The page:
Chris Stanford for ESPN.com
"Are you mad?"
"Then why don't you take your frustrations out? I want you to try and knock me over."
Ten-year-old Logan threw each one of the next 50 pitches harder than the last, willing them with all his might to bowl over his father. Tom didn't give an inch. The extra work came after Logan, a left-handed pitcher, had been infuriated by an umpire he thought had been squeezing the strike zone during a game that day.
As they walked to their car, Tom saw the umpires still in the parking lot, lingering.
Go give the men in blue a message, Tom told Logan.
"I want you to say, 'Thank you -- thank you for making me better.'"
So Logan did. Then the Morrisons went home.
Wilmington, N.C., was just one of a few stops for Logan. Tom was in the Coast Guard, a military man who, in Logan's early years, would be absent for long stretches of time while at sea. An only child, Logan looked up to Tom, feared him and was driven by him. Tom's parents had given him little guidance, but he knew he wanted his son to be a better person than he was, and he wanted his son to have pride, leadership and discipline. Logan being a good person off the field was paramount to Tom.
Tom parented the way he thought best.
Courtesy of the Morrison family
Logan pitching from the mound he, Tom and his mother built.
During baseball traveling tournaments, Tom almost always segregated Logan from the other players by staying at a different hotel than the rest of the team. Tom's reason: He knew the boys would keep each other up late with horseplay. Logan, though, would be well-rested, fresh and ready to play; the others, sluggish and at a competitive disadvantage.
"He was the right kid for Dad, and it worked out," Tom said in an interview before he died. "It could have been a disaster. It worked, just the right kid for the approach I had."
That approach included building a mound in their backyard in Wilmington. Logan's mother, Diane, Logan and Tom took dirt and clay and built that mound with their hands. Often, as part of his chores, Logan and his cousin, Tony Malbrough, living with the Morrisons at the time, would have to complete 100 throws without dropping the ball.
Tony, two years older than Logan and a few inches shorter, easily was the inferior player. Usually, he would be the one who dropped throws. That sometimes meant a lap around the yard but almost always a reset of the 100.
"Come on, Logina and Tanyon," Tom would say, calling the boys by female monikers. "It's like two girls throwing underhand."
As harsh as Tom could be, Tony noticed that Logan usually did not rebel.
"He was definitely more than a father," says Tony, now 26 and in the Coast Guard. "He was a mentor, kind of like a guidance counselor. He was always telling Logan what's right in life and what's not."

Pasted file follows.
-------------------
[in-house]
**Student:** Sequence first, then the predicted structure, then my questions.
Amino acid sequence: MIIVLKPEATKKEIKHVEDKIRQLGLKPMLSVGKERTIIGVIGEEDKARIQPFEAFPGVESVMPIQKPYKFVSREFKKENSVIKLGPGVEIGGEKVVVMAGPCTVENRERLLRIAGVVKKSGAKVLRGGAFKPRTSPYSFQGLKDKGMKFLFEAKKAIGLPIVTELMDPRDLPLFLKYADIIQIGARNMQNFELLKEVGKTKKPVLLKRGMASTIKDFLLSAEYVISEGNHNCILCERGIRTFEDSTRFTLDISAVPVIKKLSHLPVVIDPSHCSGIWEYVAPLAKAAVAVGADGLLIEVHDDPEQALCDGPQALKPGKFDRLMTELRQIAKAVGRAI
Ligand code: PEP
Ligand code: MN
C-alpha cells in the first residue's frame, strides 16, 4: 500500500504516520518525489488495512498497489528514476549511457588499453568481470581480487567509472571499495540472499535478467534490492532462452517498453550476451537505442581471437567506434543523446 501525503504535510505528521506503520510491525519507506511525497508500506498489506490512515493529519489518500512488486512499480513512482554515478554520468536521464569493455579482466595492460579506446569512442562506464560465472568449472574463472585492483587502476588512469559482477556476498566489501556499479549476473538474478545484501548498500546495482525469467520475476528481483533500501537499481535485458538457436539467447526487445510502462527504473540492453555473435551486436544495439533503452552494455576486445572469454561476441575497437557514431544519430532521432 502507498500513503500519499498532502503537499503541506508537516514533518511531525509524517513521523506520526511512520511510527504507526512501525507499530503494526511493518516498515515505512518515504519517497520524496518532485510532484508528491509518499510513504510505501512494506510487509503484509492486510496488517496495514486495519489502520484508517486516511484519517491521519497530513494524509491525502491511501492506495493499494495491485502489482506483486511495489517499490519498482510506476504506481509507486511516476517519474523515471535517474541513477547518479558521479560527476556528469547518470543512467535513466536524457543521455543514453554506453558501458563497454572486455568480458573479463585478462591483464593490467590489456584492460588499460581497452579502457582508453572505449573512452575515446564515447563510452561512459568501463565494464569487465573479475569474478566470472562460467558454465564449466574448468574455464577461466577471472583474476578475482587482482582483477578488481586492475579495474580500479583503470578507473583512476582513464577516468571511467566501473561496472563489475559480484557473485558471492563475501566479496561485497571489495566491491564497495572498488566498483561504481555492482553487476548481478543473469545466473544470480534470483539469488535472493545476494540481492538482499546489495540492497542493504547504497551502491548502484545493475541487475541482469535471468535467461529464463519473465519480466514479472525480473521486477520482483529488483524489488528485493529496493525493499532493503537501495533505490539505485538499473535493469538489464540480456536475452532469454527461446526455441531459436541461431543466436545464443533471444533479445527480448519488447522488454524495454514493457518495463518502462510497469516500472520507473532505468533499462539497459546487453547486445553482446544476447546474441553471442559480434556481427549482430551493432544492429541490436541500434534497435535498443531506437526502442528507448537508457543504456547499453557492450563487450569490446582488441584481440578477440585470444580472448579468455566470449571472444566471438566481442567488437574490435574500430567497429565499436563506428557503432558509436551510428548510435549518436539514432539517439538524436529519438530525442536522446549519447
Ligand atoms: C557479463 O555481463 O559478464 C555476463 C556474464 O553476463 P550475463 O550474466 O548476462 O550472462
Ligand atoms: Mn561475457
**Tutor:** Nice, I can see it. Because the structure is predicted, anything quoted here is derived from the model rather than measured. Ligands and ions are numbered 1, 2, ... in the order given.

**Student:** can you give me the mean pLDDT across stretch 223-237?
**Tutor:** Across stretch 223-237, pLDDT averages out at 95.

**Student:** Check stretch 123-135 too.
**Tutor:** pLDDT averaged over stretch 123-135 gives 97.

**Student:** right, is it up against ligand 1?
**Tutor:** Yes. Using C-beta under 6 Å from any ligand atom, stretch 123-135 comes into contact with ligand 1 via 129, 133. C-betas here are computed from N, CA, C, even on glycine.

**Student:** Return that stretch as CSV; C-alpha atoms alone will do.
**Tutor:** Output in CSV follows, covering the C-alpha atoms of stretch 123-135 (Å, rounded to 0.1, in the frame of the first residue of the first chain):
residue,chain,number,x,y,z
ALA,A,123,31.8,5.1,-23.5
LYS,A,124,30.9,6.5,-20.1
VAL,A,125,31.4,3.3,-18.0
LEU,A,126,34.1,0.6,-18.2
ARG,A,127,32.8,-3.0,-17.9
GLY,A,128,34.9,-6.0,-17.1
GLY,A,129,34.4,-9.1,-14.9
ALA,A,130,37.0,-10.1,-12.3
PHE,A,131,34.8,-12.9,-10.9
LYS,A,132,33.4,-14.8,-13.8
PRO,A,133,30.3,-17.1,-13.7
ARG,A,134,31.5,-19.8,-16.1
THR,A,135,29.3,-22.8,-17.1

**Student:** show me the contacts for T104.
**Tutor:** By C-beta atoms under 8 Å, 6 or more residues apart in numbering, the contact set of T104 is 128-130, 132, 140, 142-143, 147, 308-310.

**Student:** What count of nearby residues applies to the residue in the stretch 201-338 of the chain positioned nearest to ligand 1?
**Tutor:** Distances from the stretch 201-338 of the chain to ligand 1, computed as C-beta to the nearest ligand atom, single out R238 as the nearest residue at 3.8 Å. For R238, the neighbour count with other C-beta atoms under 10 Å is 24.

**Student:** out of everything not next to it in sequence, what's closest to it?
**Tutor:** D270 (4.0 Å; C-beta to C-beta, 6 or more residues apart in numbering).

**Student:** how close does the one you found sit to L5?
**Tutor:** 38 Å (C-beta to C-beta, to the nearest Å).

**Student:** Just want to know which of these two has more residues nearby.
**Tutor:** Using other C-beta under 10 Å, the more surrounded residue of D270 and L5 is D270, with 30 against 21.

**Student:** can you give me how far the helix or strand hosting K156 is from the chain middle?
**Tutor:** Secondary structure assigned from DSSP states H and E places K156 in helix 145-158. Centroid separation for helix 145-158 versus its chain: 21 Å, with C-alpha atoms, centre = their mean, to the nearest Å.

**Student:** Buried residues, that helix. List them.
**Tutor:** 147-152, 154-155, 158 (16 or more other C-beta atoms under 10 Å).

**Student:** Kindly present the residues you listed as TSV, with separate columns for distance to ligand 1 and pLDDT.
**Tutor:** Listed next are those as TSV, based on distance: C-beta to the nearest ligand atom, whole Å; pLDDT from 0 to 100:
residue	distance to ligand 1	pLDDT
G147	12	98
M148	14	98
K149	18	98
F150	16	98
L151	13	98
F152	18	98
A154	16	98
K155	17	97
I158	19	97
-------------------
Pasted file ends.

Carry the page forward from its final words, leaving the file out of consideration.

Tom was a great motivator, says Logan's childhood friend and teammate Chris Bass. He would get in Logan's head, always knocking him down a peg when he saw Logan showing too much emotion -- highs or lows.
"Get your head out of your ass, Logan!" Tom would tell Logan when he returned to the dugout with his head down after striking out.
"He'd use a lot of three- or four-letter words," Chris says. "A lot of people don't want to use profane language, but my dad used it with me, too, and it definitely toughened me up."
Raised in Kansas City, Mo., Tom never had much self-confidence, never felt truly loved by his parents. He could be abrasive, opinionated and tough. The "no excuses" coda was seared in Logan's mind, even if it made him hate his father at times.
Diane was no pushover, either. A single mother during the early years when Tom was often at sea, Diane usually agreed with Tom's approach, even if others sometimes voiced their disapproval.
"I never questioned why," Diane says. "I just knew Tom wanted [Logan] to be the best he could. And Tom was using his own personal life's history to make it happen."
Courtesy of the Morrison family
Financing Logan's baseball career drove Tom to the brink of bankrupting his family. The buckets of 200 baseballs, the bats, gloves, clay dirt mound, all the traveling camps and teams. The Ford Excursion SUV he bought, thousands of dollars in gas shuttling Logan to camps and tournaments -- all of it added up.
When Tom was transferred to New Orleans, he reversed a promise he had made that Logan could finish high school in Kansas City, in part because he knew there were more baseball scouts in the South. Logan, 16, was furious and rebelled, leaving a dummy in his bed at night and hanging out with older kids whom Tom deemed troublemakers.
"Drinking down here is bad," Tom said. "I had to threaten a couple of his friends. I don't think [Logan] ever knew about it -- I was serious."
In spite of the decreased social life, the parental interference and the missed proms, sleepovers and normal vacations, Logan turned out to be a social, outgoing kid, one who made friends easily, the byproduct of being an only child and a military brat.
Yet amid the tension between father and son, some seminal moments between them stood out. One of the strongest came in Wilmington, when he was 10, on the same field where Tom dared Logan to knock him down. One night, Tom handed Logan a wooden bat and told him he'd give him a $100 bill when he hit his first home run with it.
The memory is seared into Logan's mind: the fusing of bravado, love, incentive and challenge. Logan was asked and expected to handle a grown man's instrument; Tom had confidence that his son could do it.